Ripe persimmons are not only sweet as candy, but contain an abundant amount of vitamins, carotenes and minerals.
- ...boost your immune system. Persimmons’ abundant amount of carotenes, vitamin C and vitamin E helps support a healthy immune system.
- ...are easy to digest. Persimmons contains very little fruit acid, making it a great fruit for those with sensitive stomachs.
- ...are good for your nervous system. Persimmons have vitamin B and minerals such as magnesium, potassium and phosphorus that are good for the nervous system.
- ...help strengthen your bones. Persimmons contains relatively high levels of vitamin K; a medium-sized fruit (200 grams) contains almost 30 percent of the daily requirement. This is particularly beneficial for women, for whom the vitamin can stops bone loss in older age.
- ...aid in digestion. The soft, water-rich flesh of a ripe persimmon as well as its high fiber content (6 grams per 200 grams of fruit) can help alleviate constipation and regulate digestion.
- ...help protect your cells. The high content of carotenes in persimmons can help protect our body cells from harmful influences.
- ...are high in vitamin A. Even a small persimmon (100 grams) provides enough vitamin A to cover the average daily requirement. Vitamin A is integral in supporting skin and eye health.
What You Should Know About Persimmons
Persimmons grow on bushes or trees, and ripen late in the year, long after most other fruits have already been harvested. They’re particularly popular in Spain and Italy, where you often find them growing on trees throughout the countryside.
Persimmons were originally cultivated in Asia, mainly in Japan, China and Korea. Today persimmons grow in warm climates all around the world.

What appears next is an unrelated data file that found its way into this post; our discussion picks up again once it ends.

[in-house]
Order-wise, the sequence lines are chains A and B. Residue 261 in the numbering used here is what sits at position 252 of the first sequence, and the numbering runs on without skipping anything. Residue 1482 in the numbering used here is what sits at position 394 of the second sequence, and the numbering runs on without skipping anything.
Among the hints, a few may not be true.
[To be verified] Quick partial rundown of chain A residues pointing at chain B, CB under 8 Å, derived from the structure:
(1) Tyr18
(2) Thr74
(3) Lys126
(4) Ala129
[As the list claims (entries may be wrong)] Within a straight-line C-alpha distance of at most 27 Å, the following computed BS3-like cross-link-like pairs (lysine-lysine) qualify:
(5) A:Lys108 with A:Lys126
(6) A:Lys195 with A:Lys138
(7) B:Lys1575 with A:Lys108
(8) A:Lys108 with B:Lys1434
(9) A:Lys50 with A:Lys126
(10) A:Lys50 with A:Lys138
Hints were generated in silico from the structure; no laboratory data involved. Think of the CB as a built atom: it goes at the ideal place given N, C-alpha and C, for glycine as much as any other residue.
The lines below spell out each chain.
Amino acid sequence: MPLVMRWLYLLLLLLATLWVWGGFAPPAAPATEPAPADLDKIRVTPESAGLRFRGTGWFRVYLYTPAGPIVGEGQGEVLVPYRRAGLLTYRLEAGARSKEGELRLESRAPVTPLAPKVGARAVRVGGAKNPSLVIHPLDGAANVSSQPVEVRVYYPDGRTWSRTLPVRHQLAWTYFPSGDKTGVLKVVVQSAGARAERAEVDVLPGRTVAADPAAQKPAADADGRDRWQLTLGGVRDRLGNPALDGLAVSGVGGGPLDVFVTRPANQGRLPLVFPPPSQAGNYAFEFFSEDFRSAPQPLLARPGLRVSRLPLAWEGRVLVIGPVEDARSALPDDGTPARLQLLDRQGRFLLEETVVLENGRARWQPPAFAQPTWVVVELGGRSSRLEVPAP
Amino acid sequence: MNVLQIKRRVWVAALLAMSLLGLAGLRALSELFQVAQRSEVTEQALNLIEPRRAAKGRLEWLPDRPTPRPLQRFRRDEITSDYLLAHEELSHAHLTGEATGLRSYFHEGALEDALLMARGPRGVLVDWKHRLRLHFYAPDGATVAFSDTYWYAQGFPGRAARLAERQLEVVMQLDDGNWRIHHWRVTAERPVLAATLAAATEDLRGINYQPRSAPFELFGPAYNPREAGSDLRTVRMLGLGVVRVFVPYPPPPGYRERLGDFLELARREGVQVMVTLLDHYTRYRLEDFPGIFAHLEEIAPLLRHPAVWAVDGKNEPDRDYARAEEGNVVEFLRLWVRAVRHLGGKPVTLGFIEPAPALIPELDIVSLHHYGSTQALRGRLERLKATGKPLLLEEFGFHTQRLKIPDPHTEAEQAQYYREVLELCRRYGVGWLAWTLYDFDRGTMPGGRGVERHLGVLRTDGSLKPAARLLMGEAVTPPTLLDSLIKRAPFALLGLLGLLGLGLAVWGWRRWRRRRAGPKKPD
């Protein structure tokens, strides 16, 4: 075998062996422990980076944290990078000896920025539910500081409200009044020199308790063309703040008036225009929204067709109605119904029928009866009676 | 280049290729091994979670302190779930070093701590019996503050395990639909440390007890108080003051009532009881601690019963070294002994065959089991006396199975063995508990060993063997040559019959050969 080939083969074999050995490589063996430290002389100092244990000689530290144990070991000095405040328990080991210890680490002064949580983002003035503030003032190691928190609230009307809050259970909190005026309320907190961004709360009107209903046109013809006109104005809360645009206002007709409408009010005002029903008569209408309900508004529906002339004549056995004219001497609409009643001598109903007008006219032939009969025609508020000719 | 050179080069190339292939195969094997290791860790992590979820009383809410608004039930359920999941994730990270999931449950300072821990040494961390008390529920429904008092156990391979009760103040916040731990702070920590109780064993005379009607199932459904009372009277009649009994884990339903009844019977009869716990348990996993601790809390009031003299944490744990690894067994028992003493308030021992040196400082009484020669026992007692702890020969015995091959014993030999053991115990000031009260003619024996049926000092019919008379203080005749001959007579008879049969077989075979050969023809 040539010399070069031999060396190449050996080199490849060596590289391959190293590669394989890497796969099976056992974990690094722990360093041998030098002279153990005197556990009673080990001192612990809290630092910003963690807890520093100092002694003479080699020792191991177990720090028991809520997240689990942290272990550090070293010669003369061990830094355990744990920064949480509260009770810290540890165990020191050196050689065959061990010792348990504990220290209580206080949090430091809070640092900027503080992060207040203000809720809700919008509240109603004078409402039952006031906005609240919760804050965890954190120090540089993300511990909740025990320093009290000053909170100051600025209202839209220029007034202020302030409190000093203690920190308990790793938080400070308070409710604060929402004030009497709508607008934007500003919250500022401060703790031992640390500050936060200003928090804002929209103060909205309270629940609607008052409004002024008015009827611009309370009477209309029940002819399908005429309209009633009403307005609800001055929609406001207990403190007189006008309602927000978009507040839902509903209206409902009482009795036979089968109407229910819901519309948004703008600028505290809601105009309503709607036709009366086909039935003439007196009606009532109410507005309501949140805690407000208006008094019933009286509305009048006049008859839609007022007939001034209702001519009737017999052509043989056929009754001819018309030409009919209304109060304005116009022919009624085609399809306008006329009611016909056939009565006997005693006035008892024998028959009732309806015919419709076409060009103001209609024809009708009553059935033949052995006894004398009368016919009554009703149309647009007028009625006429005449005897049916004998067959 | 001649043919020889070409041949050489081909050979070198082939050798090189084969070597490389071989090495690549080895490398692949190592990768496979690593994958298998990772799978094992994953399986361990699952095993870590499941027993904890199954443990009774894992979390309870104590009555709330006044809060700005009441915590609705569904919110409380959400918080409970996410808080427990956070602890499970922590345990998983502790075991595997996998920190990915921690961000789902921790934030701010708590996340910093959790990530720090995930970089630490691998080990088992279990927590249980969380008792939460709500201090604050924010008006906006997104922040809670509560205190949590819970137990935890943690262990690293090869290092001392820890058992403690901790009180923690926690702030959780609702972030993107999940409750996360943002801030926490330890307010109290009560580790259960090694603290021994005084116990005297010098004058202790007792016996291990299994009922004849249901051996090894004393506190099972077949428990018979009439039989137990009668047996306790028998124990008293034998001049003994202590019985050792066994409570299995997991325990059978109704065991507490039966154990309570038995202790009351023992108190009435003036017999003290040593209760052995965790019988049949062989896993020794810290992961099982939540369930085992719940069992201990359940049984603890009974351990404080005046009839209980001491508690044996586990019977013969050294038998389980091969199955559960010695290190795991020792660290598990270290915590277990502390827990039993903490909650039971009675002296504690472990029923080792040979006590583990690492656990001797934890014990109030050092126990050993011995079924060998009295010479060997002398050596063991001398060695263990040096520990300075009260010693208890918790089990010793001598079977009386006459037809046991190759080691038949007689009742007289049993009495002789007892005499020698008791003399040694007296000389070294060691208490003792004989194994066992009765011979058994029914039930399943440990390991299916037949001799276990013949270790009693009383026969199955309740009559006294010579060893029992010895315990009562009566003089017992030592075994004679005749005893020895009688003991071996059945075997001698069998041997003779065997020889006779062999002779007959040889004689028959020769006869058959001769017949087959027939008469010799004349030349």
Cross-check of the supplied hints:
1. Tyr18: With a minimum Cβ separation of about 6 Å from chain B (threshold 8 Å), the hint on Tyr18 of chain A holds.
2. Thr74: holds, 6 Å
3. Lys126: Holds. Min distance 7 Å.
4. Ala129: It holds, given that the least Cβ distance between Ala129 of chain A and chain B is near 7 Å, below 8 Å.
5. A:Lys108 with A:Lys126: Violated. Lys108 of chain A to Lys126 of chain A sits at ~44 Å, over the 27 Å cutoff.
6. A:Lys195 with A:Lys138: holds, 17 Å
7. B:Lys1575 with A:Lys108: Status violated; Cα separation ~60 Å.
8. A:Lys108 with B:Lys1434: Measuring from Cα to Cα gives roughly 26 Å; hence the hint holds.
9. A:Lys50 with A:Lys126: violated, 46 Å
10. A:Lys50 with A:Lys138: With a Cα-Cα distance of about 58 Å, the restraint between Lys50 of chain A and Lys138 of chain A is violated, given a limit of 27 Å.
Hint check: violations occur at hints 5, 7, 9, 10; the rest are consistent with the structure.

Persimmons are in season from October through February.
The orange flesh of a ripe persimmon is very sweet, and tastes like a mixture of tomato and apricot. Unripe persimmons, on the other hand, still contain a lot of tannins and genreally taste bitter and tart.
How Healthy Are Persimmons?
With up to 19 percent glucose or fruit sugar, persimmons are rightly considered to be extremely nutritious. Persimmons are also rich in vitamins C and A.
|Persimmon Nutritional Info (100 g)|
Shopping and Cooking Tips
Ripe persimmons are very soft, and almost mushy to the touch. When buying them, make sure the fruits are packed individually and protected from pressure. It is also important that the skin look flawless and not show any brown spots or pressure marks. A persimmon has the perfect degree of ripeness when the flesh of the fruit shimmers through its think sin.
You can also easily plant your own persimmons in your garden or on your balcony.
Because ripe persimmons are so sensitive, you should not leave them lying around for long after purchase. Eat them as soon as possible.
Simply rinse the persimmon under warm water and towel them dry.
What To Make With Persimmons
It’s best to eat persimmons fresh-- simply cut them in half and spoon out the sweet flesh. Persimmons that are not yet fully ripe are a little firmer and well-suited for salads. Very ripe persimmons are vitamin-rich and perfect for jams or drinks such as milkshakes or smoothies.